An industry standard for the infrastructure asset class

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An industry standard for the infrastructure asset class

3 minutes
February 6, 2018 4:00 pm

From ad hoc to world class

Today infrastructure investors use ad hoc benchmarks for unlisted infrastructure investment. They know that’ snot good enough. At EDHECinfra, we are establishing an industry standard for the infrastructure asset class.

And we’ve made significant process. We are establishing a framework for data collection and developing asset pricing techniques to measure the risk adjusted performance of private infrastructure. From this foundation we can now build market indices for infrastructure. But what are the most relevant broad market indices for investors?

Do they wish to invest in infrastructure along the same geographic or sector categories as that of the bond or equity markets? Are infrastructure investors focusing on a different segmentation of the universe? In other words, what would be the industry standard for unlisted infrastructure market indices and sub-indices?

We asked investors and asset managers what they want

We recently conducted one of the largest surveys of infrastructure investors globally. The survey polled more than 200 respondents, in order to establish their preferences for the segmentation of infrastructure. The majority of respondents to the survey were asset owners. More than half were focused solely on infrastructure equity investment, while a third targeted both infrastructure equity and debt.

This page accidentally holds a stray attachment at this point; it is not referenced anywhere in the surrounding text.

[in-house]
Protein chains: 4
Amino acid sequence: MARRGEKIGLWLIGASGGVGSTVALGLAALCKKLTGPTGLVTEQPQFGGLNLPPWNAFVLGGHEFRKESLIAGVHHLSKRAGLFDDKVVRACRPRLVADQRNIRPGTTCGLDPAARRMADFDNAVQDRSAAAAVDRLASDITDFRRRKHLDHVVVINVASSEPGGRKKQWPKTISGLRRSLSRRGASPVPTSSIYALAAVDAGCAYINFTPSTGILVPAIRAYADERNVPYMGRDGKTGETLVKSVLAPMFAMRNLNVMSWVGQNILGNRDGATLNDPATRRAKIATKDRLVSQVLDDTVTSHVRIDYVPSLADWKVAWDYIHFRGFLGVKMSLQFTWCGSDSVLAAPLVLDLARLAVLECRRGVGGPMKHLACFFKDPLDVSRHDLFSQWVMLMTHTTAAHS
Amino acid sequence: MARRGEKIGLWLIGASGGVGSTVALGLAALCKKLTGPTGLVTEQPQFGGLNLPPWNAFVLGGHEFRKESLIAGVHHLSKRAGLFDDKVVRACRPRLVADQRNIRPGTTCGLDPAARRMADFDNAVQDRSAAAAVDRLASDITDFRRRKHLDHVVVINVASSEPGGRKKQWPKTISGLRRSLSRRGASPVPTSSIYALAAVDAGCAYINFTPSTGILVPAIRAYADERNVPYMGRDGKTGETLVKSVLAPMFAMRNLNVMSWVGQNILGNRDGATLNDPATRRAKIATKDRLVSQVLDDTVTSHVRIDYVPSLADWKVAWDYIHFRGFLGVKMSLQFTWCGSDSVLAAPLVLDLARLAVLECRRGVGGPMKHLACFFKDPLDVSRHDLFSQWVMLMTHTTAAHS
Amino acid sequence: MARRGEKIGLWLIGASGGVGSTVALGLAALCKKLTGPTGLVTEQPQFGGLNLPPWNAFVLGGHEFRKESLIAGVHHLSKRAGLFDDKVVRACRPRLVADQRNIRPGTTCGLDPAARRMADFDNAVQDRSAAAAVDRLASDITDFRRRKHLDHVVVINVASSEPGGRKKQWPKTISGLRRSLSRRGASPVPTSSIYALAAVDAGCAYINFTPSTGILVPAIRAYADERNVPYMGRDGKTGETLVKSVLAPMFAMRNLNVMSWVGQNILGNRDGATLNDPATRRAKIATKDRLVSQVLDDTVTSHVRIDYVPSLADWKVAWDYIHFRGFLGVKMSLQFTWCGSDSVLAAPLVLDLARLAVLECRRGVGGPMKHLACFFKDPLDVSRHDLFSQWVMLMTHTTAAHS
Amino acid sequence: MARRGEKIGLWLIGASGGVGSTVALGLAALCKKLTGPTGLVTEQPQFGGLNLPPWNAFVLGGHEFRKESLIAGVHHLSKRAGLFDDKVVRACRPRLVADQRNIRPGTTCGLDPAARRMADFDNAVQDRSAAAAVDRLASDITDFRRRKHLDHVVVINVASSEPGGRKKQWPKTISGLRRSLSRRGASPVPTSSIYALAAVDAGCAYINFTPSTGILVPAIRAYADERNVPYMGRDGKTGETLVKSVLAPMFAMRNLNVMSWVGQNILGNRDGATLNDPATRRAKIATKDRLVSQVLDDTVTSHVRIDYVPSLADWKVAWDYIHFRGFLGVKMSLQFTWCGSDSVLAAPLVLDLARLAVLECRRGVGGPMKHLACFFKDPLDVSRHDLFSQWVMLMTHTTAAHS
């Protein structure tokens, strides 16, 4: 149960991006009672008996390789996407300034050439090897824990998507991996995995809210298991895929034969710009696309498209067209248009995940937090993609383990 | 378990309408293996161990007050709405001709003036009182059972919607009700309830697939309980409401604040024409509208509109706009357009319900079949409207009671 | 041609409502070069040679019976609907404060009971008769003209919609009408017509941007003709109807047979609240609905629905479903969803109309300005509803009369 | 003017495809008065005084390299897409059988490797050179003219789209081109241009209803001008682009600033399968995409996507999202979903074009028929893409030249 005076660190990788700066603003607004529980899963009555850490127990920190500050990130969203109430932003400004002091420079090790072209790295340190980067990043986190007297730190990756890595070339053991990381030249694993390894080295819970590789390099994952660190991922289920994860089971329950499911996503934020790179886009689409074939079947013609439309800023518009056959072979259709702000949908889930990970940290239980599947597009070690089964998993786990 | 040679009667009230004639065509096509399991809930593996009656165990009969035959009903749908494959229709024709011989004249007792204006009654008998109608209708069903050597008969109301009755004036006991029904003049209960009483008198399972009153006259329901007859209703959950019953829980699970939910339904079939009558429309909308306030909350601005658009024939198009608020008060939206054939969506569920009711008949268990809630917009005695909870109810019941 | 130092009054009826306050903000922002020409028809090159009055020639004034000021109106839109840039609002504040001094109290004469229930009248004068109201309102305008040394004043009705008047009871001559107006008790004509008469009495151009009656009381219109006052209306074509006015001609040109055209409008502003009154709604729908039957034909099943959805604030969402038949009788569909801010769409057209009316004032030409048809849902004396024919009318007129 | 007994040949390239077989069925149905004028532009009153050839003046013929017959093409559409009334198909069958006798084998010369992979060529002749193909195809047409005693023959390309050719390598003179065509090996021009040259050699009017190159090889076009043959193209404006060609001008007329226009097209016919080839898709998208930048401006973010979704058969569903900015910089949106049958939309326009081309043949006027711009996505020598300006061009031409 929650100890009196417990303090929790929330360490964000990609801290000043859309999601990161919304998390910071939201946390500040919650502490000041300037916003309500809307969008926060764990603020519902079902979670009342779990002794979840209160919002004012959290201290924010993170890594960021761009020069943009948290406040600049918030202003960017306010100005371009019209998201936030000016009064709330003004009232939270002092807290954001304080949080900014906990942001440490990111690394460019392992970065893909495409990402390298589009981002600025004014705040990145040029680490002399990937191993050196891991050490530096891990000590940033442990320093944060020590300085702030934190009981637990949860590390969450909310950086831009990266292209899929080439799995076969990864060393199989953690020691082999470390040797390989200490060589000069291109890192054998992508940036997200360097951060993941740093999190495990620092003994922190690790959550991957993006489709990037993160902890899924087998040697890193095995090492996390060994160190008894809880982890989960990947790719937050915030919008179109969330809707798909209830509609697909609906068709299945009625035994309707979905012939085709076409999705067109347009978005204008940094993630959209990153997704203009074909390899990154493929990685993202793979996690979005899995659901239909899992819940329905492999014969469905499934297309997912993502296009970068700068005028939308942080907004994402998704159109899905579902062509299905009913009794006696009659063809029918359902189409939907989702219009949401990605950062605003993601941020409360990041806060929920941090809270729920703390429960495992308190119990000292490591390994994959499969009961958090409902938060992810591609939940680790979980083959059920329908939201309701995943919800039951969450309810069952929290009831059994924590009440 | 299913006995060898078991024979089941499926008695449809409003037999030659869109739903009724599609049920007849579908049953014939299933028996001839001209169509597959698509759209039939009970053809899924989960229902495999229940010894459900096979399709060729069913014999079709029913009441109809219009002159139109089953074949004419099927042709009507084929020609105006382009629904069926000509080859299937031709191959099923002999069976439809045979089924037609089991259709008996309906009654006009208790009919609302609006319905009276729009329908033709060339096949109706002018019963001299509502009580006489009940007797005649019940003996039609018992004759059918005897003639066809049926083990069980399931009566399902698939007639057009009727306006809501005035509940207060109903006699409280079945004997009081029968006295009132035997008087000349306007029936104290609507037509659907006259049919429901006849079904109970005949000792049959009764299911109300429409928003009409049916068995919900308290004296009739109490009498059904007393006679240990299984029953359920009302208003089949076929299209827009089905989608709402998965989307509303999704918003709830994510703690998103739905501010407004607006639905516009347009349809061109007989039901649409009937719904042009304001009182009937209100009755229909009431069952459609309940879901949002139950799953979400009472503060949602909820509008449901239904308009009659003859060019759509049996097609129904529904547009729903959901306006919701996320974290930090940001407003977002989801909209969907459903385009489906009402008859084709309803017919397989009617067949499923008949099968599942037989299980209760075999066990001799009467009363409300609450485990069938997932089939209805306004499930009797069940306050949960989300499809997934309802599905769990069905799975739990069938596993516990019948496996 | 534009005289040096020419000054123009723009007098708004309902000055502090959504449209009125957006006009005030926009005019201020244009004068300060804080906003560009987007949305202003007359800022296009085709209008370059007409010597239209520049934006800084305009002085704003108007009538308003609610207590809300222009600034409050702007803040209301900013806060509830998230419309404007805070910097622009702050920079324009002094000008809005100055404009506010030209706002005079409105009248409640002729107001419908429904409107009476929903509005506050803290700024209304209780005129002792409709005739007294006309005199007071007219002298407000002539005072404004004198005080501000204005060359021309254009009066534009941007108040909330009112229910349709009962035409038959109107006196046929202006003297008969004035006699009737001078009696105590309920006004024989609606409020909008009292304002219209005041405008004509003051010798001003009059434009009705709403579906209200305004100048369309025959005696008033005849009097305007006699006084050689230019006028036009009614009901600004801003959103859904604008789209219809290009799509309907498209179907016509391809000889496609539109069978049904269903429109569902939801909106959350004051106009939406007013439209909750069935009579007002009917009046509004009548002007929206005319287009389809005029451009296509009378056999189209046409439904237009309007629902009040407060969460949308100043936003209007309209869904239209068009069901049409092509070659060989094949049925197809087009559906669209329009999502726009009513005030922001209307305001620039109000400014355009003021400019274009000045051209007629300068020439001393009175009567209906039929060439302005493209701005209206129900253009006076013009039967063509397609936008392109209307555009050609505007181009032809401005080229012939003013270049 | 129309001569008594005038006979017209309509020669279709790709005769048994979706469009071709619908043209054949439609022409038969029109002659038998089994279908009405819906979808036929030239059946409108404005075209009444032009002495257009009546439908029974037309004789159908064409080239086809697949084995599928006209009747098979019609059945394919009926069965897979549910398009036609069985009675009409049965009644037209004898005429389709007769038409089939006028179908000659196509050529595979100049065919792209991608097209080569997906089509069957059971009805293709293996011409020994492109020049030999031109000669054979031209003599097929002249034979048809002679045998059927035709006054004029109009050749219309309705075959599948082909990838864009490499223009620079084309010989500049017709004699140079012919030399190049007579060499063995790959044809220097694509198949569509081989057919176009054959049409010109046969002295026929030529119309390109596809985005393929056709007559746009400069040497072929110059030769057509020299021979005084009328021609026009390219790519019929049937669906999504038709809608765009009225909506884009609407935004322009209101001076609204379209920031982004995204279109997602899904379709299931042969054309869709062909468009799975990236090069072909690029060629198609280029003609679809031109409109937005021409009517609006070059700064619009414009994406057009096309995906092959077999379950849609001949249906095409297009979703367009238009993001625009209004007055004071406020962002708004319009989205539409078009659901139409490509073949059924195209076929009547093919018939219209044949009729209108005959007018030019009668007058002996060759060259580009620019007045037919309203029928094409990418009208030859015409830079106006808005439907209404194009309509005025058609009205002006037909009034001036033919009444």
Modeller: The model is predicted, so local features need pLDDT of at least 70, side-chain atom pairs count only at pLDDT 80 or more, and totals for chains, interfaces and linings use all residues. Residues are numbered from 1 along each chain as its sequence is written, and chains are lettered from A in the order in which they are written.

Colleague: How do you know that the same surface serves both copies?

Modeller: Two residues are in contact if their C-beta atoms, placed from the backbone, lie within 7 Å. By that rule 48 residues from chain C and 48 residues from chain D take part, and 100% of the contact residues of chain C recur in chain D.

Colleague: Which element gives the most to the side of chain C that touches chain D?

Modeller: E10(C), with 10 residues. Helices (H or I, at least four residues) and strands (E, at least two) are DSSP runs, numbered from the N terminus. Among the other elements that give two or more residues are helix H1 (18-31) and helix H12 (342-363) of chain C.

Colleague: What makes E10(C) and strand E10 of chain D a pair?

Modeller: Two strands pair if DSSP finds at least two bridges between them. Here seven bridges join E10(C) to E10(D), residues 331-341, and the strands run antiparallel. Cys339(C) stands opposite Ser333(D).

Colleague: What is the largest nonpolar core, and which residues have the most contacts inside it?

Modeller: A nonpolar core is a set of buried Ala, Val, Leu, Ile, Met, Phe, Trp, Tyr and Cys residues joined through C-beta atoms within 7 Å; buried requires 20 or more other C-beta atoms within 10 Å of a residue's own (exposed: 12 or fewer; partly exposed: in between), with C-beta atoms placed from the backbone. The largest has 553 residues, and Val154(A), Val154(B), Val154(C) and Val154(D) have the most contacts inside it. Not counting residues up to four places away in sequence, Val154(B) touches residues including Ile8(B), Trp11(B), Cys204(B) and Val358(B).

When questioned about geographic segmentation, respondents least favoured the standard capital market benchmarks, with fewer than 10% of responses positive towards them. Instead respondents said economic development and infrastructure investability was the most relevant. For debt markets, the level of economic development scored the most positively with respondents. As a result the reference market indices for infrastructure should follow broad economic development lines.

In regards to sector segmentation we found that infrastructure investors’ preferred both broad and sector specific segmentation. This is an indication of the infancy of the asset class. The results suggest that access to a well-defined asset class remains limited amongst investors who prefer to focus on sub-segments. However large managers and asset owners who wish to gain exposure to infrastructure investments across multiple sectors say that only widely defined sector indices make sense.

The classification system they have isn’t the one they need

The lack of adequate performance data until now has made it difficult for investors to take a strategic asset allocation view of infrastructure. Ultimately until we better understand the performance of infrastructure, it cannot exist as an asset class in a multi-asset class context.